Dean Sin World is not a large place; the picture above depicts about a quarter of the dining area. You could probably fit the entire dining room in the waiting area at the enormous multi-building Din Tai Fung restaurant. With just four or five tables--two of which were occupied by the owner's family and another by a tray of baked goods--this place is obviously less of a sit-down place and more of a to-go one. The restaurant is well hidden, dimly lit at night, and boasts a cash-only policy; case in point: be prepared when you make your visit.

We grabbed one of two free tables, took our seats, and proceeded with the ordering. The menu has both Chinese and English wording, and there are also some pictures for those of you who, um, need assistance.

Our dinner starts with braised bamboo in special sauce:

Fonda was thrilled to see this on the menu and ordered it with no hesitation. Tender bamboo served with a slightly sweet sauce proved to be a delightful combination. A few pieces were a bit fibrous and made for tough chewing, but overall we enjoyed this little dish of goodness.

Won tons in soup:

Big and bursting at the seams (literally, right?) with juicy pork, these won tons were delicious and served very hot. The soup was equally as savory and made for the perfect, heart-warming dish on a chilly a.k.a 60-degree Saturday night.

Soup dumplings with pork:

These are the much-reviewed xiao long bao that ultimately drew us here, and they were well worth the wait. Served hotter than a McDonald's cup of coffee, you have to eat these carefully so that you don't burn yourself. The wrapper skin is slightly thicker than the paper-thin version at Din Tai Fung, and the overall size is larger. The pork meat within is very tender and full of flavor, and the soup is delicious. Eating one of these results in a one grand combustion of flavors and textures in your mouth. You might notice that there is one dumpling missing from the set of 10--and I can only say that someone couldn't wait to take a picture.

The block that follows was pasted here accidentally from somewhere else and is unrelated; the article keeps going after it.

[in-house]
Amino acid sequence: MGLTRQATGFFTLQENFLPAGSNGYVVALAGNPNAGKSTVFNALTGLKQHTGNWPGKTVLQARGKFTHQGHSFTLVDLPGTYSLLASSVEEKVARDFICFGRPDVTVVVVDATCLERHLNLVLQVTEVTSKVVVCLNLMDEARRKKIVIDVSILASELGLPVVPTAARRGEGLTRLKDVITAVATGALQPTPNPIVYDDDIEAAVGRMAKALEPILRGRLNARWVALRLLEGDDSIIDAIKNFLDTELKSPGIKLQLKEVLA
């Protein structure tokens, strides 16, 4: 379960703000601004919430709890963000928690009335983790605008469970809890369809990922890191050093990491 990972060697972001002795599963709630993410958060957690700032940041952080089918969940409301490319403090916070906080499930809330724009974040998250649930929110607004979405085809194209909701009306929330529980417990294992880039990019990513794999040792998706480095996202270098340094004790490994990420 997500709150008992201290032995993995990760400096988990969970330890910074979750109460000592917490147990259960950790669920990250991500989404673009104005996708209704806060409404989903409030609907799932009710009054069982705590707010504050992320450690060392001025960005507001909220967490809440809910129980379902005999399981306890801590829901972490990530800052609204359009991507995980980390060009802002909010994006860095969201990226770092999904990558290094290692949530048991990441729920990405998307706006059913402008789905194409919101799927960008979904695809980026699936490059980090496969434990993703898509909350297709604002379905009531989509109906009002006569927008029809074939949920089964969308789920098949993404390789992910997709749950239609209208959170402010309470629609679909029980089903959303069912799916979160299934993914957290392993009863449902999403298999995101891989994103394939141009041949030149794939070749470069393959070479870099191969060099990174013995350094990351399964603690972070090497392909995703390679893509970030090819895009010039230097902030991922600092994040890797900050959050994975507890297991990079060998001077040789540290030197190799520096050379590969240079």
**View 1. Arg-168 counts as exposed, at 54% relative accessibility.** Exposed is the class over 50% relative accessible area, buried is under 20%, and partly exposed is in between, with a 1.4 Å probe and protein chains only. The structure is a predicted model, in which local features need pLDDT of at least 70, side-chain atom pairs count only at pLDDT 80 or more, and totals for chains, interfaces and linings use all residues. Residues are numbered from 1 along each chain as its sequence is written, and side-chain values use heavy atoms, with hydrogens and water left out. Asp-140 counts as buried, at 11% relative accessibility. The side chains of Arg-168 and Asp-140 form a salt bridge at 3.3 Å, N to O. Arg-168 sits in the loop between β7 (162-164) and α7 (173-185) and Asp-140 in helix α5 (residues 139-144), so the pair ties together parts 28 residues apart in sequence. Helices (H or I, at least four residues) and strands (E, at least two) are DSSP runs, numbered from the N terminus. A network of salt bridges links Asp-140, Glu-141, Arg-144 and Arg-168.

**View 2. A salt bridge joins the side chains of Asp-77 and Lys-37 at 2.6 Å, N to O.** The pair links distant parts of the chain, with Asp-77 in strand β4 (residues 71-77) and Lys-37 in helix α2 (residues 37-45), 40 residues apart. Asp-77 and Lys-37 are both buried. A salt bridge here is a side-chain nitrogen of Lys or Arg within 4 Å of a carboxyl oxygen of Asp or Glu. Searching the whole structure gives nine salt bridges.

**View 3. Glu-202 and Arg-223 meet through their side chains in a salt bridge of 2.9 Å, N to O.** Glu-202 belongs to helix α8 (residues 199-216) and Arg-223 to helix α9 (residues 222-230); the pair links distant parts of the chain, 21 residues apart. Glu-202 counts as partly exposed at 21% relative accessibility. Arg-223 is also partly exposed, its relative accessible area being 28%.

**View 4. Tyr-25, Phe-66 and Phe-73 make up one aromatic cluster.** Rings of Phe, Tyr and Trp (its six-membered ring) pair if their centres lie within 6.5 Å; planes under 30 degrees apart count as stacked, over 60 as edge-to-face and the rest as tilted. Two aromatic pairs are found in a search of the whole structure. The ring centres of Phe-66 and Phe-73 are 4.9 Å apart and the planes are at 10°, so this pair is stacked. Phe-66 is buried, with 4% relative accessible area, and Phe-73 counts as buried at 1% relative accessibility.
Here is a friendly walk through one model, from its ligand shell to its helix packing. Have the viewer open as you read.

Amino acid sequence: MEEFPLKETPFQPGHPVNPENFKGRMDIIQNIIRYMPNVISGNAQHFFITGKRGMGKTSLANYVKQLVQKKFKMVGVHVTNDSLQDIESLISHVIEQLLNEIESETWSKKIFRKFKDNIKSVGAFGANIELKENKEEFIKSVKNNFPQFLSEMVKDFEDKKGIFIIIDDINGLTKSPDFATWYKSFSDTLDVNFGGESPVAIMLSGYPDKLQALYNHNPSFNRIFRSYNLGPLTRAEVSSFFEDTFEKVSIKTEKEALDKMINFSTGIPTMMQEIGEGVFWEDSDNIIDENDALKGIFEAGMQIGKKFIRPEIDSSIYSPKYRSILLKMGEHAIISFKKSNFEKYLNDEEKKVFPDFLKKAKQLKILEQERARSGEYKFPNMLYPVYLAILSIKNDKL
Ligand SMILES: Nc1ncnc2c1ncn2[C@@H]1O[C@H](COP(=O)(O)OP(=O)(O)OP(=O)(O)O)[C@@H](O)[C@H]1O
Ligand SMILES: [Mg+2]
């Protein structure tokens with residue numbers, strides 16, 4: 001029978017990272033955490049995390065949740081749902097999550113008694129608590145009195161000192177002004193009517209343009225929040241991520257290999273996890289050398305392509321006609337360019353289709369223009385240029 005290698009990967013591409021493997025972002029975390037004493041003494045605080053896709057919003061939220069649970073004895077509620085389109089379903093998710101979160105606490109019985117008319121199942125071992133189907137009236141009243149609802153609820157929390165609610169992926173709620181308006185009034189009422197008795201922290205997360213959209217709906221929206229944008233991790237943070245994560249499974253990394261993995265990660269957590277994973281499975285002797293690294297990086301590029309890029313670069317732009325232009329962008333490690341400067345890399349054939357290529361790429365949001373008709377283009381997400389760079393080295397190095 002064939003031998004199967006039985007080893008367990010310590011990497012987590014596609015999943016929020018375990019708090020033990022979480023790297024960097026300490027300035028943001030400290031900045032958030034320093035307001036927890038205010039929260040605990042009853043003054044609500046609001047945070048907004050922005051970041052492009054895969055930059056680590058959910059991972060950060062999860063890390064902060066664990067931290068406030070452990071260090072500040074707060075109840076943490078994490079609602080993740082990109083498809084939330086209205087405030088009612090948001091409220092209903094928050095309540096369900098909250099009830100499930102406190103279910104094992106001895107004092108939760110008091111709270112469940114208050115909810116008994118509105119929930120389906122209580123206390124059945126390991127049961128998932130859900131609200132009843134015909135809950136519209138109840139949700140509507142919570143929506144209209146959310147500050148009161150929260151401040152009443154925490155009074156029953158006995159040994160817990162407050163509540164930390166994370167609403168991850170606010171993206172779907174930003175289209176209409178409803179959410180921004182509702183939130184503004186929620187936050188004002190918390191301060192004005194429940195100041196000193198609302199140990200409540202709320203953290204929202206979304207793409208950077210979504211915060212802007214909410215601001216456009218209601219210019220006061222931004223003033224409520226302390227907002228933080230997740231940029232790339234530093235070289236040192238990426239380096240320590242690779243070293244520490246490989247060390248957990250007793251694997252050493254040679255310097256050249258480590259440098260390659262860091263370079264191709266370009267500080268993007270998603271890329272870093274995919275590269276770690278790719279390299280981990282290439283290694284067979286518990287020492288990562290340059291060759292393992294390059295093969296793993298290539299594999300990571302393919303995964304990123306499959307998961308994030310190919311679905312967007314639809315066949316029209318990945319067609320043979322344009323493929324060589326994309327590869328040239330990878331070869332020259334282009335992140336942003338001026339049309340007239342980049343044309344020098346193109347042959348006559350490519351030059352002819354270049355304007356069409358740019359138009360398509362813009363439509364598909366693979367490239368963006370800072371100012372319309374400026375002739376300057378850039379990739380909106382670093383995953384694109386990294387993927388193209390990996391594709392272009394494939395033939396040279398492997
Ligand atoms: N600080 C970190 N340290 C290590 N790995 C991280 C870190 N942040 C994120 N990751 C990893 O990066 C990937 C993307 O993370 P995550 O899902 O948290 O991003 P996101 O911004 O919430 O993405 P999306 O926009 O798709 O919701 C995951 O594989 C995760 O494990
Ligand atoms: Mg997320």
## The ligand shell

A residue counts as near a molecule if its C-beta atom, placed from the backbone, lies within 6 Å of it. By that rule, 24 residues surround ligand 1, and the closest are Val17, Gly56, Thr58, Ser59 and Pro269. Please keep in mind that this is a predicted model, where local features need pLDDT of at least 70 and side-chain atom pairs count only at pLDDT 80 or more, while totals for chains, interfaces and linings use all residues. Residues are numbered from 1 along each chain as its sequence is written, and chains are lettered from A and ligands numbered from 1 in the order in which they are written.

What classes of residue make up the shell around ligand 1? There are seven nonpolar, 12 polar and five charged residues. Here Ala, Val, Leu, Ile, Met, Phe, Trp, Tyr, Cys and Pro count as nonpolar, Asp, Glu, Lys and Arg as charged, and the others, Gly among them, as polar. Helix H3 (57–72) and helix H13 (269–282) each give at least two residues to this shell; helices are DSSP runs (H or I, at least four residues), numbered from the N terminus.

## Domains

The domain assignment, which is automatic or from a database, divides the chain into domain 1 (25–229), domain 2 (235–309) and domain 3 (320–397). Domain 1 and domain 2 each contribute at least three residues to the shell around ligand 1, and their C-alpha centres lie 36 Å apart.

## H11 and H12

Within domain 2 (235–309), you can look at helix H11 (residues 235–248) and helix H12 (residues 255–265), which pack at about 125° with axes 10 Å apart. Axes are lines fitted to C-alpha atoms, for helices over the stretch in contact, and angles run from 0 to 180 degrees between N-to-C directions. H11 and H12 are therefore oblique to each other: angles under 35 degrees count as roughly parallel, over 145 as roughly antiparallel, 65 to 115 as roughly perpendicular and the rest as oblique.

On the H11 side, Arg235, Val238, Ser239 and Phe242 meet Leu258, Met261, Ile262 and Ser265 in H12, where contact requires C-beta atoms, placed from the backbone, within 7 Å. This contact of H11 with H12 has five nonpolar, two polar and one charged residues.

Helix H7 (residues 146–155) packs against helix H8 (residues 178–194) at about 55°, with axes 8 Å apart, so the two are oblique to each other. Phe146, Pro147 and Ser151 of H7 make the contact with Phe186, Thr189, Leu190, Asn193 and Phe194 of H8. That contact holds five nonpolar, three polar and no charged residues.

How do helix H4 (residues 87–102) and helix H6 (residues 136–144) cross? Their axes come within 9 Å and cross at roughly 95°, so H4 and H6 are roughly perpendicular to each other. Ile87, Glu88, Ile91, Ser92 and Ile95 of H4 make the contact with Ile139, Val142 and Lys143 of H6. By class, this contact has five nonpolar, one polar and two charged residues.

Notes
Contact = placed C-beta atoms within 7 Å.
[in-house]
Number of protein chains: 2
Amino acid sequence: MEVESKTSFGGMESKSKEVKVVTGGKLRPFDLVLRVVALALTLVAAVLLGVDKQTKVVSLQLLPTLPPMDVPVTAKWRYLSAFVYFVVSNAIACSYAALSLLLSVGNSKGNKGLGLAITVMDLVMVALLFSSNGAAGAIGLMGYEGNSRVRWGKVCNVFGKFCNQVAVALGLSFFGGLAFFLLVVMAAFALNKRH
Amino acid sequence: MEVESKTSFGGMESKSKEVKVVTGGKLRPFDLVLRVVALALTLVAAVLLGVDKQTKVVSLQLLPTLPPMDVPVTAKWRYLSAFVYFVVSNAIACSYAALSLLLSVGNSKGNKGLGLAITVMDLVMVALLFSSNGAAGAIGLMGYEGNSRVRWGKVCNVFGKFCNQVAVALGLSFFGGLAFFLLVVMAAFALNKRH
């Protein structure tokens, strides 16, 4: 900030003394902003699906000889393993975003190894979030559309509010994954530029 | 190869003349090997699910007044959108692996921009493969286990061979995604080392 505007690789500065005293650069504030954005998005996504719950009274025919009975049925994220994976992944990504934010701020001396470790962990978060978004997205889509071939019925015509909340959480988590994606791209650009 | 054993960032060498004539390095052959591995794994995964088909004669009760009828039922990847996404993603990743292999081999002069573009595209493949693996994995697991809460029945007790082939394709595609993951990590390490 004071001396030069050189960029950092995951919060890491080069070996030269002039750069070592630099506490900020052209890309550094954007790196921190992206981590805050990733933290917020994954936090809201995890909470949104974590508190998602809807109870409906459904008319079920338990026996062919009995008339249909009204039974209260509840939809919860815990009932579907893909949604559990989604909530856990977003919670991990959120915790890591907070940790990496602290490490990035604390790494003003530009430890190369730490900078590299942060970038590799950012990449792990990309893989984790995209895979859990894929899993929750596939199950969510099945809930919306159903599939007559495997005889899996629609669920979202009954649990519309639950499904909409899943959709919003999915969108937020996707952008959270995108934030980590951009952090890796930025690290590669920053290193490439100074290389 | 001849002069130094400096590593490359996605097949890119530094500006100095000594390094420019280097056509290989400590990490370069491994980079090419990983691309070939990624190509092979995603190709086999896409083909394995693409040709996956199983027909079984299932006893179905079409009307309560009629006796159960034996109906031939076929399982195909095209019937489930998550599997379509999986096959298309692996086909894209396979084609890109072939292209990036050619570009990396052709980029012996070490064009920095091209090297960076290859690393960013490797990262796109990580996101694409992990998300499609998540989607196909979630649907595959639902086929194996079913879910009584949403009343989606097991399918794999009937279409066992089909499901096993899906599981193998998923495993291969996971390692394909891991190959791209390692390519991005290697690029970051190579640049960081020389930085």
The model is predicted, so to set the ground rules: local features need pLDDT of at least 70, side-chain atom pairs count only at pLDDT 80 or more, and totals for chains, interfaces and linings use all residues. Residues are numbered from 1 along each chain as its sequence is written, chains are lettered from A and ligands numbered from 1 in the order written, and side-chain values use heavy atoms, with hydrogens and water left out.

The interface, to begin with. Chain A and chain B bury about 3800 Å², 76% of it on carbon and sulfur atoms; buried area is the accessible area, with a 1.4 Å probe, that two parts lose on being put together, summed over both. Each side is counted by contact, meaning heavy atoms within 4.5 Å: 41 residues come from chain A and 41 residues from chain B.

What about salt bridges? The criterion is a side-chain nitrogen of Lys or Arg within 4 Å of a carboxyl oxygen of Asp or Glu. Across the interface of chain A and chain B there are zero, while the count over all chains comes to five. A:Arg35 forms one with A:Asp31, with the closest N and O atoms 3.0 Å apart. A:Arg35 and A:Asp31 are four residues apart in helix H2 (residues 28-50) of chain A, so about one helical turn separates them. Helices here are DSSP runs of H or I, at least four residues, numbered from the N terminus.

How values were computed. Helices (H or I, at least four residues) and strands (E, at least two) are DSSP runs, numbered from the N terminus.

Beef noodle soup:

As good as the dumplings were, this hearty bowl of beef and noodles proved to be my favorite dish of the night. The meltingly tender chunks of beef and the thick, perfectly-cooked noodles swirling in a rich, meaty broth make for an excellent version of this popular Chinese dish.

At the end of our meal, the owner hands us a red-bean cake in a bag, which we ate later at home and found to be very tasty. The total for all this with tax and tip was about $25, which is a fantastic deal when compared to Din Tai Fung, whose dumplings are about twice the cost. Keep in mind though that Dean Sin World and Din Tai Fung are completely different experiences, with Din Tai Fung boasting a gleaming new dining room to go with those higher prices. So whose dumplings reign supreme? Well I still prefer the thin-skinned dumplings at Din Tai Fung, but for a quick meal at a substantially lower price, Dean Sin World is tough to beat. At the very least, you'll want to come here for the beef noodle soup and those incredible soup dumplings.